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    Middle-aged and older adults who identify as lesbian, gay, or bisexual have higher rates of using certain substances in the past year than those who identify as heterosexual, according to a new study led by researchers at NYU Grossman School of Medicine and the Center for Drug Use and HIV/HCV Research (CDUHR) at NYU School of Global Public Health. The study is published in the Journal of General Internal Medicine.

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    Hand hygiene is an important topic in medical environments, as it is one of the simplest and most effective measures to reduce the transmission of germs and pathogens, and thus the spread of diseases. In light of the current development of a global pandemic, the question of how to get people to adopt adequate hand hygiene behaviour, has become a topic of pressing relevance in all areas of everyday life.

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    If there was any doubt that the new coronavirus isn't just "a bad flu," a new paper lays that myth to rest. The study authors found that in the U.S. there were 20 times more deaths per week from COVID-19 than from the flu in the deadliest week of an average influenza season.

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    As coronavirus spreads across the globe, a crucial question has emerged: After recovering from an infection, are people immune? This question is important for understanding who can safely go back to work, as well as for understanding how long the worst impacts of the pandemic are likely to last. Because the virus is so new, the answer isn't fully understood. But so far, scientists say, it looks like SARS-CoV-2 probably induces immunity like other coronaviruses. That means that the human body will probably retain a memory of the virus for at least a few years and should be protected from reinfection, at least in the short-term.

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    German experts wrote the world’s first manual on "Ventilation and intensive therapy for COVID-19". This book targets all medical practitioners caring for ventilated patients with critical pathogens. Approx. 70 percent of COVID-19-patients in Germany survive the treatment in critical care units. A lung-protective procedure is essential.

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    The more researchers know about how the coronavirus attaches, invades and hijacks human cells, the more effective the search for drugs to fight it. That was the idea my colleagues and I hoped to be true when we began building a map of the coronavirus two months ago. The map shows all of the coronavirus proteins and all of the proteins found in the human body that those viral proteins could interact with.

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    When someone becomes infected with the novel coronavirus SARS-CoV-2, the pathogen proliferates rapidly in the cells of the infected person. To do so, the virus has to multiply its genetic material, which consists of a single long RNA strand. This task is performed by the viral 'copy machine', the so-called polymerase. Scientists led by Patrick Cramer at the Max Planck Institute for Biophysical Chemistry in Göttingen, Germany, have now determined the 3D structure of the corona polymerase. This makes it possible to investigate how antiviral drugs such as remdesivir – which blocks the polymerase – work, and to search for new inhibitory substances.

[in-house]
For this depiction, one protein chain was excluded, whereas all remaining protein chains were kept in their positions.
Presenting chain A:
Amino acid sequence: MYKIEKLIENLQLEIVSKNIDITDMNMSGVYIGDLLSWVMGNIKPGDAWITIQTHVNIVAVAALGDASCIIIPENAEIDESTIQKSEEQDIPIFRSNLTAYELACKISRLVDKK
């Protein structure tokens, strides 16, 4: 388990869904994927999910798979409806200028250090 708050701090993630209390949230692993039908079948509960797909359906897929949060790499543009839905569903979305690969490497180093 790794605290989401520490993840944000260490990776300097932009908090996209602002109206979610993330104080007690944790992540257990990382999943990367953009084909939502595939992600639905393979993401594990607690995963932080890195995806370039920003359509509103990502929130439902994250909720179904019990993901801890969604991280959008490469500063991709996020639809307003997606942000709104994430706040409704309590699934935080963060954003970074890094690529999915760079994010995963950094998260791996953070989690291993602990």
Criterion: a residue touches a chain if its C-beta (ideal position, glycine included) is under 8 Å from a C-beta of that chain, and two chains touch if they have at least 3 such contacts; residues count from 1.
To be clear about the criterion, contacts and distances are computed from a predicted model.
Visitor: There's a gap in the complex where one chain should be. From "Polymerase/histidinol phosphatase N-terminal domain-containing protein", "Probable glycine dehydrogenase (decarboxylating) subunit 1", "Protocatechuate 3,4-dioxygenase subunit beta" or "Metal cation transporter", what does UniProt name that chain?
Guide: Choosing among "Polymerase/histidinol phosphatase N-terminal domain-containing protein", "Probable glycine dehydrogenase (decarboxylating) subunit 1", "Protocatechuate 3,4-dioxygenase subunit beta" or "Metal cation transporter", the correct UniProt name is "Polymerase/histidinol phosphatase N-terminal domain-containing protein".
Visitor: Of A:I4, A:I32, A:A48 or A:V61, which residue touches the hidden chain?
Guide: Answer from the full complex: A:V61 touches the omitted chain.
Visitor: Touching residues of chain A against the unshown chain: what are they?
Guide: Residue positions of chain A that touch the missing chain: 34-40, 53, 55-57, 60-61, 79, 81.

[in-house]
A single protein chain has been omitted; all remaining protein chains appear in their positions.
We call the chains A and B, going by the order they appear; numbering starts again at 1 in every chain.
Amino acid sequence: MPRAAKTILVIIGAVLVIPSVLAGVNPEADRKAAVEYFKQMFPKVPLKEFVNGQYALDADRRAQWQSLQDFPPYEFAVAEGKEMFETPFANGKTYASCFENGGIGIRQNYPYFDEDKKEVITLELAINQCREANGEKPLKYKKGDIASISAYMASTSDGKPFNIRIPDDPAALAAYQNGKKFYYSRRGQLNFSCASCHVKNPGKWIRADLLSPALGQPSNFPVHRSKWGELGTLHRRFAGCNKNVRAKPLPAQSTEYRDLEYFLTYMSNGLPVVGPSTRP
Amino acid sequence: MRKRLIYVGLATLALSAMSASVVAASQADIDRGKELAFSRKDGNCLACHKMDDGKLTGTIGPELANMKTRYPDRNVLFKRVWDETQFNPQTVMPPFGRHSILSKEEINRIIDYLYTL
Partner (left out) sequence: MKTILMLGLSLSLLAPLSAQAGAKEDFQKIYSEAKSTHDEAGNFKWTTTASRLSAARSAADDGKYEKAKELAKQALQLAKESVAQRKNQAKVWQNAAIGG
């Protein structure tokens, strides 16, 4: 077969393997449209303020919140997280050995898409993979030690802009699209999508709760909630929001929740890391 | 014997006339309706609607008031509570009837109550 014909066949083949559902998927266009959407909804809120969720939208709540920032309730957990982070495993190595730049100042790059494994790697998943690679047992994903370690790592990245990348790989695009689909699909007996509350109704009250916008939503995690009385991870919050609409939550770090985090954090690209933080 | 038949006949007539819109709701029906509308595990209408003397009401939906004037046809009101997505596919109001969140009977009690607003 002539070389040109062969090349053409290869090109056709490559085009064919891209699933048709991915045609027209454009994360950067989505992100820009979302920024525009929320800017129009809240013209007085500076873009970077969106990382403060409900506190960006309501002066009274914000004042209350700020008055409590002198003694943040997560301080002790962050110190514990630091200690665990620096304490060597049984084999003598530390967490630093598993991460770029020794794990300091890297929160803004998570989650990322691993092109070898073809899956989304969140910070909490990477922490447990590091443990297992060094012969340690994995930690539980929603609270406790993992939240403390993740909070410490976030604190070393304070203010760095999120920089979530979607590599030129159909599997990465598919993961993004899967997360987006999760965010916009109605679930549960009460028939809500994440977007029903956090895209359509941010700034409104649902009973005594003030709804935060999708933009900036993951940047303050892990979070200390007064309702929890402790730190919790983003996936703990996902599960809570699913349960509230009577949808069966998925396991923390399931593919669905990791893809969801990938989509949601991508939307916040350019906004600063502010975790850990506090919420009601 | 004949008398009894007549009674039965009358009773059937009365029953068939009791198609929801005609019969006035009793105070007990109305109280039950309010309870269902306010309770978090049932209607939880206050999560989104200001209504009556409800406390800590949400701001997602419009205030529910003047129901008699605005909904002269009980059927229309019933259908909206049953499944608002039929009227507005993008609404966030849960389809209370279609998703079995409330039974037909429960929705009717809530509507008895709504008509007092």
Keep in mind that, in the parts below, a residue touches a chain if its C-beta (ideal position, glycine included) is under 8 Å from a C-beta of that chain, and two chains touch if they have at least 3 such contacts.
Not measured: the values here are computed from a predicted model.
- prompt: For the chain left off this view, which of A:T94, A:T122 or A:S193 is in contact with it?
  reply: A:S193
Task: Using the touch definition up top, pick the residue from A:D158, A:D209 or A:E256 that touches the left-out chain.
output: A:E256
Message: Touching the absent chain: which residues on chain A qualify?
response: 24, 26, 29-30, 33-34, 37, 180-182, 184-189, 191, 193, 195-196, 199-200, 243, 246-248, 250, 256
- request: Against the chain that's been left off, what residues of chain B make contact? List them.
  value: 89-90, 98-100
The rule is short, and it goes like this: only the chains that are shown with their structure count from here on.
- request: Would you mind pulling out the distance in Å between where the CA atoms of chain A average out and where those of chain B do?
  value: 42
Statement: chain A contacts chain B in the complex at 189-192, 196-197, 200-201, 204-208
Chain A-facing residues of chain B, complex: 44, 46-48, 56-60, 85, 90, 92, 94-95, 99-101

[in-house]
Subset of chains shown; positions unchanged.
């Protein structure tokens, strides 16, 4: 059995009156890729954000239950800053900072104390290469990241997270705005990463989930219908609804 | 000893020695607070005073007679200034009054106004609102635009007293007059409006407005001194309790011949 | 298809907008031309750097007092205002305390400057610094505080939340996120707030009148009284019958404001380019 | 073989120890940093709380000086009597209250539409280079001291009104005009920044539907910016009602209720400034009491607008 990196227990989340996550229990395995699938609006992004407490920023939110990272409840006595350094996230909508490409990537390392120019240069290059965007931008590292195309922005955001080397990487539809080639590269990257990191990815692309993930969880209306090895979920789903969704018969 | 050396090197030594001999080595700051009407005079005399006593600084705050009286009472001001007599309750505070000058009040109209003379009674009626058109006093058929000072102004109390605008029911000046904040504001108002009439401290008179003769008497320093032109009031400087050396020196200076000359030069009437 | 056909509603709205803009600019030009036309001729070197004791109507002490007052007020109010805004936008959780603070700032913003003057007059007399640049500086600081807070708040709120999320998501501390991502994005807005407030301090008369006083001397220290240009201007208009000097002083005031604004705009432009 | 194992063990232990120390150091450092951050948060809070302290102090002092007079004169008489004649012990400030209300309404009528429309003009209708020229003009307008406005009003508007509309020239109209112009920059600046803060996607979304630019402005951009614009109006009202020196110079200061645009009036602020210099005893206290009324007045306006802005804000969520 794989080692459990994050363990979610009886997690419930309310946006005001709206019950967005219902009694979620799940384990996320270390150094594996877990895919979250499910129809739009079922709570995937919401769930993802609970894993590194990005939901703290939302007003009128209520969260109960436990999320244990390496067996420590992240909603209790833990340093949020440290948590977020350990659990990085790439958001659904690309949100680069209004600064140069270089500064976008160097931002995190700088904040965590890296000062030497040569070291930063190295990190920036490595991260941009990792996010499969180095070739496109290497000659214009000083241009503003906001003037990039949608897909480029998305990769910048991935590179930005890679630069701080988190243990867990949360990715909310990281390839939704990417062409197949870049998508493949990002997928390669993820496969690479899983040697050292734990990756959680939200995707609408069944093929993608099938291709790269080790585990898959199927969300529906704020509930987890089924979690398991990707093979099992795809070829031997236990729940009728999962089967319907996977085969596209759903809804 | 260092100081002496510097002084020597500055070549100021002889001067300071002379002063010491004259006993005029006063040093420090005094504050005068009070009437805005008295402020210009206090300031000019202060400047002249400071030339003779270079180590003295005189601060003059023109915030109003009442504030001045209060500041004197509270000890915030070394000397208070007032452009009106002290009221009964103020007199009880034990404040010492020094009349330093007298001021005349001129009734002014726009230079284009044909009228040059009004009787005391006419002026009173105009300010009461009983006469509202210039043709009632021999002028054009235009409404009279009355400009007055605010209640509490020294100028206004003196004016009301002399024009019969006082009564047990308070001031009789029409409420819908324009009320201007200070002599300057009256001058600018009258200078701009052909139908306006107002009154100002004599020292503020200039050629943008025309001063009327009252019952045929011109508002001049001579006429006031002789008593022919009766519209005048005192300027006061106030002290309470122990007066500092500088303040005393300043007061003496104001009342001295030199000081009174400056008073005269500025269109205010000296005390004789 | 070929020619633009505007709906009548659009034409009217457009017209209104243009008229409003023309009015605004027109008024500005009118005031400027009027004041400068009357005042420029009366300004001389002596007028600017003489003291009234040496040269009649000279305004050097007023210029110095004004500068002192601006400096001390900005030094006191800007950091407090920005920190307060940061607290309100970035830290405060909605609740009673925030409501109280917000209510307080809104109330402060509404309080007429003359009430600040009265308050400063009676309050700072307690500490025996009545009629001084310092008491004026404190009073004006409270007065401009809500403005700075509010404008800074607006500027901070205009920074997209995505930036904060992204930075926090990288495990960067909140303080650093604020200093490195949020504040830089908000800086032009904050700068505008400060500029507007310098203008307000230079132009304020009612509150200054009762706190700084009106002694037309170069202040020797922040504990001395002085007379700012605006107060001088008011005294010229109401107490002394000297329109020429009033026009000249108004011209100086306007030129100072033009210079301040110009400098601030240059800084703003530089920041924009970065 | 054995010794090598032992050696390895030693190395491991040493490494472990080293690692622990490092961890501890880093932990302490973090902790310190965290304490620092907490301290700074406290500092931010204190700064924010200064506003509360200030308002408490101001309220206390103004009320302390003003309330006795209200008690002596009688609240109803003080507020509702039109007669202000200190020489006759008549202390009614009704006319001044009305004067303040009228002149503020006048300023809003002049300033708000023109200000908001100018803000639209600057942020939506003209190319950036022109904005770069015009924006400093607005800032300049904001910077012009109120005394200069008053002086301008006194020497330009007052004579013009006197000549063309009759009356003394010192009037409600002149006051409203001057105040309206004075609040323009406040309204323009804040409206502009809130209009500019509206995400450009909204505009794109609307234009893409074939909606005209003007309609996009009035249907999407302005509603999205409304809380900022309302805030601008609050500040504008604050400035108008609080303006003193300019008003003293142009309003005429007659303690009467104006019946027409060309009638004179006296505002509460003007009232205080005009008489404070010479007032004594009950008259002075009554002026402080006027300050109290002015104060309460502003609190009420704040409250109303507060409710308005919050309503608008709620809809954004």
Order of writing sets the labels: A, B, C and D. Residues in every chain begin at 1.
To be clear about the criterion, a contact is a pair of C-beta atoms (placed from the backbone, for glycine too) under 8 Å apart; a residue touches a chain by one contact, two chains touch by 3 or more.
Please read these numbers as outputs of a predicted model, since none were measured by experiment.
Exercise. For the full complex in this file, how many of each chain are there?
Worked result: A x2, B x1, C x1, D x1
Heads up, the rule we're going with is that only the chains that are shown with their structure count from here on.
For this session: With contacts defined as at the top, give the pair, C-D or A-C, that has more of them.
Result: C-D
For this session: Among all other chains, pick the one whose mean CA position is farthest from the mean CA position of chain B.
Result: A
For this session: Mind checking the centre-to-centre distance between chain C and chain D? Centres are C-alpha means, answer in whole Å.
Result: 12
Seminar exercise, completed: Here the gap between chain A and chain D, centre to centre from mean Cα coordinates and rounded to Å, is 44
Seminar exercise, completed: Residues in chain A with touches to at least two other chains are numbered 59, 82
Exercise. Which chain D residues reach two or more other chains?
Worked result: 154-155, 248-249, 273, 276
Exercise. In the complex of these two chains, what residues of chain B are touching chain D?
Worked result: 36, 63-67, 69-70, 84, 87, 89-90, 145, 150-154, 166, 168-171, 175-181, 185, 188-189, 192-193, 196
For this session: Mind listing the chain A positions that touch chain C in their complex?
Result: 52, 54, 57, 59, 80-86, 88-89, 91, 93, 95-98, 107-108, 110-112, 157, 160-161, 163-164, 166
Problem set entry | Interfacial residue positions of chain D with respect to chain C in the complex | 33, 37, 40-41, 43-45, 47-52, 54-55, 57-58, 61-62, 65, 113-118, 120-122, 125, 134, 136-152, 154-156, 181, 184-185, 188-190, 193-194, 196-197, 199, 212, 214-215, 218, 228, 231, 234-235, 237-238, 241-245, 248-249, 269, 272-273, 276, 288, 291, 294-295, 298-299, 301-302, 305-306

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    The novel coronavirus tends to affect men more severely than it does women. Though nobody can yet explain the oddity, researchers are hot on the case. It's possible that the sex hormones estrogen and testosterone play a role, according to previous research on respiratory illnesses. Or perhaps it's because the X chromosome (which women have two of, but men have only one) has a larger number of immune-related genes, giving women a more robust immune system to fight off the coronavirus, SARS-CoV-2. Or, maybe the virus is hiding in the testes, which has abundant expression of ACE2 receptors, the portal that allows SARS-CoV-2 into cells.

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    The new coronavirus, known as SARS-CoV-2, may be using part of the human body's own immune response against us, a new study suggests.

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    As doctors see more and more COVID-19 patients, they are noticing an odd trend: Patients whose blood oxygen saturation levels are exceedingly low but who are hardly gasping for breath. These patients are quite sick, but their disease does not present like typical acute respiratory distress syndrome (ARDS), a type of lung failure known from the 2003 outbreak of the SARS coronavirus and other respiratory diseases. Their lungs are clearly not effectively oxygenating the blood, but these patients are alert and feeling relatively well, even as doctors debate whether to intubate them by placing a breathing tube down the throat.

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